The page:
Randomized controlled trial of a family-oriented self-management program to improve self-efficacy, glycemic control and quality of life among Thai individuals with Type 2 diabetes
journal contributionposted on 08.04.2022, 04:26 authored by N Wichit, George MnatzaganianGeorge Mnatzaganian, M Courtney, P Schulz, M Johnson
Aims We evaluated a theoretically-derived family-oriented intervention aimed to improve self-efficacy, self-management, glycemic control and quality of life in individuals living with Type 2 diabetes in Thailand. Methods In a single-blinded randomized controlled trial, 140 volunteer individuals with Type 2 diabetes, recruited from a diabetes clinic in rural Thailand, were randomly allocated to intervention and control arms. Those in the intervention arm received routine care plus a family-oriented program that included education classes, group discussions, a home visit, and a telephone follow-up while the control arm only received routine care. Improvement in outcomes over time (baseline, Week 3, and Week 13 following intervention) was evaluated using Generalized Estimating Equations multivariable analyses. Results Except for age, no between-group significant differences were observed in all other baseline characteristics. Diabetes self-efficacy, self-management, and quality of life improved in the intervention arm but no improvement was observed in the controls. In the risk-adjusted multivariable models, compared to the controls, the intervention arm had significantly better self-efficacy, self-management, outcome expectations, and diabetes knowledge (p < 0.001, in each). Participation in the intervention increased the diabetes self-management score by 14.3 points (β = 14.3, (95% CI 10.7–17.9), p < 0.001). Self-management was better in leaner patients and in females. No between-group differences were seen in quality of life or glycemic control, however, in the risk-adjusted multivariable models, higher self-management scores were associated with significantly decreased HbA1c levels (p < 0.001) and improved patient quality of life (p < 0.05) (irrespective of group membership). Conclusions Our family-oriented program improved patients’ self-efficacy and self-management, which in turn could decrease HbA1c levels.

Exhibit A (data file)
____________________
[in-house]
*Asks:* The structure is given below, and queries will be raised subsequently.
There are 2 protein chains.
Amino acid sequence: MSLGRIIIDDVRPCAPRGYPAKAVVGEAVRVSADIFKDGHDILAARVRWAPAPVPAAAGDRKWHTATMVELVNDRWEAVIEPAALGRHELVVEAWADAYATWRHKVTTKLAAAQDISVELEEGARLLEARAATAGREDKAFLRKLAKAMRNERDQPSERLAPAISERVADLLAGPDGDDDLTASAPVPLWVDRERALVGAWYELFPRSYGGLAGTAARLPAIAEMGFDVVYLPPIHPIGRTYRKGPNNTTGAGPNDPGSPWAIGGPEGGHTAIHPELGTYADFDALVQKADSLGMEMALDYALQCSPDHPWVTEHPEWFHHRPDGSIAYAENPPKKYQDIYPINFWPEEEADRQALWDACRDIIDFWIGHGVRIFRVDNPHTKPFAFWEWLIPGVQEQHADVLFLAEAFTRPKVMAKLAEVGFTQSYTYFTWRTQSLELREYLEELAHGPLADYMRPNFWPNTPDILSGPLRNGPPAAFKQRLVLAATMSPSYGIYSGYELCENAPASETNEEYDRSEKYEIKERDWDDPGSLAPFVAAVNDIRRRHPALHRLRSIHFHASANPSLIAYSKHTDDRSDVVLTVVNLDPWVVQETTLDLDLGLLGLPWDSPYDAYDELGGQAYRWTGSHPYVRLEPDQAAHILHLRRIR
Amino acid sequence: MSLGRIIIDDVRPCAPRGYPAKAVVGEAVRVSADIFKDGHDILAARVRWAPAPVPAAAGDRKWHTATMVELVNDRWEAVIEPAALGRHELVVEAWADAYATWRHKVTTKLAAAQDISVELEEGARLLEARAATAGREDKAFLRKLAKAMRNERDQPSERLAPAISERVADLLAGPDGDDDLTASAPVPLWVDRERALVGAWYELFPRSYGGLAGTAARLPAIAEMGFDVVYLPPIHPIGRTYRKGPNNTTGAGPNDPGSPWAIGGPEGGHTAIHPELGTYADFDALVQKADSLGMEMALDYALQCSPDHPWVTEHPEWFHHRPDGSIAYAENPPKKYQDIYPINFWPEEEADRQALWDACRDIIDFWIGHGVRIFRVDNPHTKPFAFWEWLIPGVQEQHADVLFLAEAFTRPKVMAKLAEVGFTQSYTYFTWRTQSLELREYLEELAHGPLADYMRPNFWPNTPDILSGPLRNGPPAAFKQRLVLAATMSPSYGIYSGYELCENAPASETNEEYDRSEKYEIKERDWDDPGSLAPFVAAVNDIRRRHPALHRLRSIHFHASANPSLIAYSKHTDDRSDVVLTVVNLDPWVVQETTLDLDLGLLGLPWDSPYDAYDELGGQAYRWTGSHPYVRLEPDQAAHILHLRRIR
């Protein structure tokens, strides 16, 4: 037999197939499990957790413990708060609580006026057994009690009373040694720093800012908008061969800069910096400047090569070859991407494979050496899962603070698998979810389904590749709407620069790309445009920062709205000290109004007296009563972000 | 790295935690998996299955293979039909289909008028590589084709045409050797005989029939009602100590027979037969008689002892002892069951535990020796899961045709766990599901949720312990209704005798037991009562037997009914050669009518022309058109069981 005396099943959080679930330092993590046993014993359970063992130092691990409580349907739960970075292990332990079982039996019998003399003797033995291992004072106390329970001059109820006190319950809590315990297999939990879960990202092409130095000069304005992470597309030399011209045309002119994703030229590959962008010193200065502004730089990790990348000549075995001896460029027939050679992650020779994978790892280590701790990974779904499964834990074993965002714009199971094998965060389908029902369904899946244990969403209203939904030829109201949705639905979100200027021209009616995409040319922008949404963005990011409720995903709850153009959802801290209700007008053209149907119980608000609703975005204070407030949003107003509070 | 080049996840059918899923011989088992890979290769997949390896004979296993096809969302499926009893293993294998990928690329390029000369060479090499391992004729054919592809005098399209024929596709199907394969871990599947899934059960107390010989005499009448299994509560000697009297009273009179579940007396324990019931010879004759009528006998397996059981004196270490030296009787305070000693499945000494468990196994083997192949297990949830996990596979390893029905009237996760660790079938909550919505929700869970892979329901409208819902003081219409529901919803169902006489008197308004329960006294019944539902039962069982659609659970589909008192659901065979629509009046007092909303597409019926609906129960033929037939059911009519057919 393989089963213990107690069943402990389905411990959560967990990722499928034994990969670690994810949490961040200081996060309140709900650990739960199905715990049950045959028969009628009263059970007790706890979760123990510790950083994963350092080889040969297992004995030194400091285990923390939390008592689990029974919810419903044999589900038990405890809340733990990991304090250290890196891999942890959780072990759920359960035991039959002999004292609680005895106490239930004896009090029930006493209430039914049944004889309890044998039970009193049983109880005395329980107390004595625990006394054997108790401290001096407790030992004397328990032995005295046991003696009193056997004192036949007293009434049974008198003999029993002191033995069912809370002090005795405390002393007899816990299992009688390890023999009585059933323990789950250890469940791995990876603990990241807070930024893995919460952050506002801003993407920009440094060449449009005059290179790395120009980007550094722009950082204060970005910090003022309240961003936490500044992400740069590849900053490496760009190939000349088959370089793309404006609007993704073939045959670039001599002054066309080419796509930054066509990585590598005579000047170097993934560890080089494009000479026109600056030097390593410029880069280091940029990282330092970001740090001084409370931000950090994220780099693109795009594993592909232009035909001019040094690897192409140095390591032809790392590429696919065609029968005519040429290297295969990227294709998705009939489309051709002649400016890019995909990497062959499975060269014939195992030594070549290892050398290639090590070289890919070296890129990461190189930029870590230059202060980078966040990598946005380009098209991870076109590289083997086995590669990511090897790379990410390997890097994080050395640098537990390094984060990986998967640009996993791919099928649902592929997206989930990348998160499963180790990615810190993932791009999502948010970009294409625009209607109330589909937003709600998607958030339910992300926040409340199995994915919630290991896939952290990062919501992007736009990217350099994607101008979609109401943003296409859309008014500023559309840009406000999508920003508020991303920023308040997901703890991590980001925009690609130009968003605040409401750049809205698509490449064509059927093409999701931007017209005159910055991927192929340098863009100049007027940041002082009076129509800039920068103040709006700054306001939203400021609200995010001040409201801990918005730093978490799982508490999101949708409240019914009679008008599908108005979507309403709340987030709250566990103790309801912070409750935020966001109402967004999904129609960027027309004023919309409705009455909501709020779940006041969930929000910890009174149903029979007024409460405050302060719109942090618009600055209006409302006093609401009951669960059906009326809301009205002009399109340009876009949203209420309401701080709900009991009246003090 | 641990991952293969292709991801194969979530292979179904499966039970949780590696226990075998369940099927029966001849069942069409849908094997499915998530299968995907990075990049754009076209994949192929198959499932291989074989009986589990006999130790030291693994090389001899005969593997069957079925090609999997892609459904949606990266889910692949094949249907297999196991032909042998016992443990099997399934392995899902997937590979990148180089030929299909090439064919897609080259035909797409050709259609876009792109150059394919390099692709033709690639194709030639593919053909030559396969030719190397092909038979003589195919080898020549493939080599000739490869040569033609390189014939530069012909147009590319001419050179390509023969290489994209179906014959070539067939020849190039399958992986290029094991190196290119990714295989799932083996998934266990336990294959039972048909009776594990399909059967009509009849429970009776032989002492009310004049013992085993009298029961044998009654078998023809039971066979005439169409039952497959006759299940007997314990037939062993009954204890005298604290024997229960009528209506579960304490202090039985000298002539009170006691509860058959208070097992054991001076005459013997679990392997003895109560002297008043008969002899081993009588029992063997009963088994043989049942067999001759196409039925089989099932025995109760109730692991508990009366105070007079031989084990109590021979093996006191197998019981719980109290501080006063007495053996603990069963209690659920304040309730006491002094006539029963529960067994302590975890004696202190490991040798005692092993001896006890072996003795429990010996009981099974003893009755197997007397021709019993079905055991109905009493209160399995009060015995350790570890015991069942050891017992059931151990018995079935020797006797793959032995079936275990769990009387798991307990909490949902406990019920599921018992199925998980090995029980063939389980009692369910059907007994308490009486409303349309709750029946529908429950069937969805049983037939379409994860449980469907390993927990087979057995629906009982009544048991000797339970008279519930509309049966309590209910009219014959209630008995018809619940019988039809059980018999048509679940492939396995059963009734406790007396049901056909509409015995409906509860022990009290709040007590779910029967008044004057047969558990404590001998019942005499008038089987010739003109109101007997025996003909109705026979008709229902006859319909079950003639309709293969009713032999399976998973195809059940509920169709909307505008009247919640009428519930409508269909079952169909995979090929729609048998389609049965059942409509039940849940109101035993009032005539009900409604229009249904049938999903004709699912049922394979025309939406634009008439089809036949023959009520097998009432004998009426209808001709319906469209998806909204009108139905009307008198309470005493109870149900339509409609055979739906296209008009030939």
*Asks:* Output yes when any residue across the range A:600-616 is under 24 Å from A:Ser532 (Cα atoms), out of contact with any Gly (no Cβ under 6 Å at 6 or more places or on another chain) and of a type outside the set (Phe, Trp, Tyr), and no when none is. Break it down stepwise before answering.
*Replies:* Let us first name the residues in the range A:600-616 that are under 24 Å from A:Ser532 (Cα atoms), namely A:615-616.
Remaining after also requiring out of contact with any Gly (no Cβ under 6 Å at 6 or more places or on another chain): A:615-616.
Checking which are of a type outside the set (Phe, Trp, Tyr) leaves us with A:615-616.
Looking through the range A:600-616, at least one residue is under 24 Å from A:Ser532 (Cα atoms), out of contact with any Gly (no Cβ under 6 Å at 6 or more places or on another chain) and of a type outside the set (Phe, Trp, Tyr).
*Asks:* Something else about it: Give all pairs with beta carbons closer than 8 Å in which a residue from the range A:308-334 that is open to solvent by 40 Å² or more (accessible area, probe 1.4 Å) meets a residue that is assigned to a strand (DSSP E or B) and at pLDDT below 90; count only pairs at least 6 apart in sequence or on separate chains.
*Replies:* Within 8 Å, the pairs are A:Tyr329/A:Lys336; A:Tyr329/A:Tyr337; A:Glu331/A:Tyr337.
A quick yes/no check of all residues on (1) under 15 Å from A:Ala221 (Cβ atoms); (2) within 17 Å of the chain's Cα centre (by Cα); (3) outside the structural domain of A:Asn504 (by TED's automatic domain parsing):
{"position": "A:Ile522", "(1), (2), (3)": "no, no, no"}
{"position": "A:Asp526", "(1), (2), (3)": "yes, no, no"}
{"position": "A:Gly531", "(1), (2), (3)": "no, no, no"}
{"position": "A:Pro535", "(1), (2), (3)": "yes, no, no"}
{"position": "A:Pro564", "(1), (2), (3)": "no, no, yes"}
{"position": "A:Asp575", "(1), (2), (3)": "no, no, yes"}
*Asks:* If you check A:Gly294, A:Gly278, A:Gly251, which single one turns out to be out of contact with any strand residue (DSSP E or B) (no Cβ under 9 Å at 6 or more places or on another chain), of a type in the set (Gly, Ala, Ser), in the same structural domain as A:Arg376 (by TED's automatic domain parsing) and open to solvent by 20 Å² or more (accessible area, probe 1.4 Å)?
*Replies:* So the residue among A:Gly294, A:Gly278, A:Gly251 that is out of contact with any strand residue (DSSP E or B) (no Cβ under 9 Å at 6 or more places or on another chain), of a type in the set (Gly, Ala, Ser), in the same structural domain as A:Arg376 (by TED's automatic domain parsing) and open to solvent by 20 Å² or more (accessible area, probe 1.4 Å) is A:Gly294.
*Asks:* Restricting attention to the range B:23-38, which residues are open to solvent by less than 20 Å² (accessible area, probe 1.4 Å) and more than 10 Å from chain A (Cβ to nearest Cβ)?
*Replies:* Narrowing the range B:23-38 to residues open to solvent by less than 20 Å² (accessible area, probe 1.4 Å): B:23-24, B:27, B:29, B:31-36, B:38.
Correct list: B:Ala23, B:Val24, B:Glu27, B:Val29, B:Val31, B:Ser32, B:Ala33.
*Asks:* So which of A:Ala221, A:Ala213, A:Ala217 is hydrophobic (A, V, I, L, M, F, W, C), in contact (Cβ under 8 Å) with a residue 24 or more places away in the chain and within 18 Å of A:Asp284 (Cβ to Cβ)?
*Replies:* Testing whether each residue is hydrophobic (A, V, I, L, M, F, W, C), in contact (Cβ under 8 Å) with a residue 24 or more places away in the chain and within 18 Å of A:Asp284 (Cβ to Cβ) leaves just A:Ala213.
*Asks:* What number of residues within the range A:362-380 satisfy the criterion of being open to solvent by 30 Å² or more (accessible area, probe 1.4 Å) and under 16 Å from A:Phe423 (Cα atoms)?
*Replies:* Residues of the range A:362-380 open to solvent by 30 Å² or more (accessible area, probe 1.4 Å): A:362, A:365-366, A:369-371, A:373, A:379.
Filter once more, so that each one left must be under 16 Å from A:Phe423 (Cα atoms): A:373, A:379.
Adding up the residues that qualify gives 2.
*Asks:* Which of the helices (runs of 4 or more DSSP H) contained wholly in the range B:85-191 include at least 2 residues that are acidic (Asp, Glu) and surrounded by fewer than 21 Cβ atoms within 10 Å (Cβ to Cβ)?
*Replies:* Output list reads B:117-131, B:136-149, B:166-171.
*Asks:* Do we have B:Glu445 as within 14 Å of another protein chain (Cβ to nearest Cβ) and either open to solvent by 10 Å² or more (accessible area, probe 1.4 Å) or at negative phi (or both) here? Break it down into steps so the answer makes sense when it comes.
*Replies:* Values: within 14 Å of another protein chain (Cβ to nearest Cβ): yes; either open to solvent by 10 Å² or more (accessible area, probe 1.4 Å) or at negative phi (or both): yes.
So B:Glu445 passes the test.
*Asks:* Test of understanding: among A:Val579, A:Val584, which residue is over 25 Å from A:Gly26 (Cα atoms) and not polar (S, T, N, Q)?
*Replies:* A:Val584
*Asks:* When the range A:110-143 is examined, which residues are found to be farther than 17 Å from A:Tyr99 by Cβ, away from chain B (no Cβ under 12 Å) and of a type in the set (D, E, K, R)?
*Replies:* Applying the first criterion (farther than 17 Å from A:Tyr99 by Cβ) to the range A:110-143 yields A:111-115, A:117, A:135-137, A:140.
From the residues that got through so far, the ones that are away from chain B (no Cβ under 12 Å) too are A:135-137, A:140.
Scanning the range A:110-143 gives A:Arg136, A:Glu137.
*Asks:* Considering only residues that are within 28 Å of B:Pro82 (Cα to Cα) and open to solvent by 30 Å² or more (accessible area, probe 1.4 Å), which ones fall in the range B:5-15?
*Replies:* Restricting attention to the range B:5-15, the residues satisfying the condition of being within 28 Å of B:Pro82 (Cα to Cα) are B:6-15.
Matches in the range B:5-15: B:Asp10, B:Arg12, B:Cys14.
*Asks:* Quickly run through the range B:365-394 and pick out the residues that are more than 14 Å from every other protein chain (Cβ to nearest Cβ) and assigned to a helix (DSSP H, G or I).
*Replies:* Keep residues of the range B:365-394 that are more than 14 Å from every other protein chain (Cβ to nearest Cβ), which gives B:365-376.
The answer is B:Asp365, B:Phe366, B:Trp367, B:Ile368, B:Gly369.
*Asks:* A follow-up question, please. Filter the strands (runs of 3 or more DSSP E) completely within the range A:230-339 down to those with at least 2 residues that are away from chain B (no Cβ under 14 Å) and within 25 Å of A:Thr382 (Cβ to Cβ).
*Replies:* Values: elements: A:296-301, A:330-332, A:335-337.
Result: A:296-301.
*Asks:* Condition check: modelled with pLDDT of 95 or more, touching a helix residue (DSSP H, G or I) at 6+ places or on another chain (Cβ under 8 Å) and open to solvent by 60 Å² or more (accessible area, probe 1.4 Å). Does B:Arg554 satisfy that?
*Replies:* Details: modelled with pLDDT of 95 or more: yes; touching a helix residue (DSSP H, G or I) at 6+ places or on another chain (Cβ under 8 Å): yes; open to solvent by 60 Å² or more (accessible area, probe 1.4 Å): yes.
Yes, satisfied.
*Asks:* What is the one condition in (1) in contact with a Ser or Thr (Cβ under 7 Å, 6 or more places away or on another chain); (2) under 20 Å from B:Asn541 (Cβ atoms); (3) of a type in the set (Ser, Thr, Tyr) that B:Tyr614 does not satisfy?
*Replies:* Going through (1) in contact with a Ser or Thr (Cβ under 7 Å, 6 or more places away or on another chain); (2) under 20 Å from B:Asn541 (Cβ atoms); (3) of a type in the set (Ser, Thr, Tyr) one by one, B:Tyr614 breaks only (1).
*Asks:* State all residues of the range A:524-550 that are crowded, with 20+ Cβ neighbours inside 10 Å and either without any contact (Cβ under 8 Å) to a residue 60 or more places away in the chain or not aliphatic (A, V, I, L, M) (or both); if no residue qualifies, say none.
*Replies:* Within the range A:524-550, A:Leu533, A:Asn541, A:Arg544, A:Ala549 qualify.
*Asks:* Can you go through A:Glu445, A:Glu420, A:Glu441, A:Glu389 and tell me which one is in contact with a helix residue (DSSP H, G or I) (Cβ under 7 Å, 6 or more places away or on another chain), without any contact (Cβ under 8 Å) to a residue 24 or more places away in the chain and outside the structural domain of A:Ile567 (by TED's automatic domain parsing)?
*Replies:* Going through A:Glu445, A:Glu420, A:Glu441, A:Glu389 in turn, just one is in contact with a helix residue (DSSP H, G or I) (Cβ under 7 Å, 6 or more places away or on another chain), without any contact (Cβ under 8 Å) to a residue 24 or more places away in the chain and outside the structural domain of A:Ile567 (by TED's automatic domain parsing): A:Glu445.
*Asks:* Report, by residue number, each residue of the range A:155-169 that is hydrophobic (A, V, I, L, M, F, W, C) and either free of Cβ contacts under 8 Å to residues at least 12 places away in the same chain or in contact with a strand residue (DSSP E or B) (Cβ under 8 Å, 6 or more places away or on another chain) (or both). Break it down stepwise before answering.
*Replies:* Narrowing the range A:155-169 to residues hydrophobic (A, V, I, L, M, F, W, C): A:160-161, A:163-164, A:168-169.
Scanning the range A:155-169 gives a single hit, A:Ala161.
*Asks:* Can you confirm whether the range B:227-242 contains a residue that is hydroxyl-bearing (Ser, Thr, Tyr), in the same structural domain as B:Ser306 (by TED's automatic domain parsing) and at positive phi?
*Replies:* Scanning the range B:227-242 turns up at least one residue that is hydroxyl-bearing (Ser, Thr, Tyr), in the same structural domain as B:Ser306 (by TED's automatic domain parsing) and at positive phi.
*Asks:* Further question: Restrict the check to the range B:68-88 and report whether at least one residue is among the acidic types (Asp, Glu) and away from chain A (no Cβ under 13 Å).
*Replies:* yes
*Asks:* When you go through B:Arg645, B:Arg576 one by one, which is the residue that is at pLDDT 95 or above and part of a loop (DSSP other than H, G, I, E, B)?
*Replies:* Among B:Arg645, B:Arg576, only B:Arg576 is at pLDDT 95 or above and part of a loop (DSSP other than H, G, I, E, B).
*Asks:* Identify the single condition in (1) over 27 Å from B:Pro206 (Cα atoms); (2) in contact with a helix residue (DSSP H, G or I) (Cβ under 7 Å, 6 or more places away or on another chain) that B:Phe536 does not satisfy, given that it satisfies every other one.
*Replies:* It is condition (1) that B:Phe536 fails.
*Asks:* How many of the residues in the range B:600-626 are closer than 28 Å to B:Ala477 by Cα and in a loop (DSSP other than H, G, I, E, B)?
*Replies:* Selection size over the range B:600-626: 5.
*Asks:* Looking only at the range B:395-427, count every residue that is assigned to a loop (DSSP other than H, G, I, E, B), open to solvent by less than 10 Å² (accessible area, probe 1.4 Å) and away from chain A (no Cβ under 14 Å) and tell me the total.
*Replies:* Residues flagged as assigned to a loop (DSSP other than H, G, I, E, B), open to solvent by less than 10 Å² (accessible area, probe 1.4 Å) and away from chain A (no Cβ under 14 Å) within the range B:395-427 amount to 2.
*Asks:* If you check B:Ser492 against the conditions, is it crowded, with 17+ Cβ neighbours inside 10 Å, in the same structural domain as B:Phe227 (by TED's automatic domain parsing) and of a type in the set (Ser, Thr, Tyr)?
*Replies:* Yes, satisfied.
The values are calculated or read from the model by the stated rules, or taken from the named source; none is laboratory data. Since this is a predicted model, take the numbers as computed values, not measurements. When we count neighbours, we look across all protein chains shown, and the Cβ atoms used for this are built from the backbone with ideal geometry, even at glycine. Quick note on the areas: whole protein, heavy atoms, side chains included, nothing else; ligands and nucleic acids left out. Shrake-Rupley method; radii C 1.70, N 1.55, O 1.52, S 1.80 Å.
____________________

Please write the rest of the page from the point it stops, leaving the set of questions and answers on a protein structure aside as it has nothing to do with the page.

The authors would like to thank all participants and their family members for participating and contributing to this study. Special thanks go to Mrs. Wilaiwan Boonkumkrong at Thachang Hospital who helped with study coordination and management. This study was supported by the Australian Catholic University.
JournalDiabetes Research and Clinical Practice
Pagination12p. (p. 37-48)
Rights Statement/? 2016 The Authors. Published by Elsevier Ireland Ltd. This is an open access article under the CC BY-NC-ND license (http://creativecommons.org/licenses/by-nc-nd/4.0/).
Science & TechnologyLife Sciences & BiomedicineEndocrinology & MetabolismHealth outcomeFamily-orientedSelf-managementType 2 diabetesRandomized controlled trialHEALTH-STATUSSUPPORTMELLITUSINTERVENTIONSEDUCATIONDISEASEPEOPLEADULTSWOMENMETAANALYSISAdultAgedBlood GlucoseCaregiversDiabetes Mellitus, Type 2FamilyFemaleHumansMaleMiddle AgedPatient Education as TopicQuality of LifeSelf CareSelf EfficacyThailand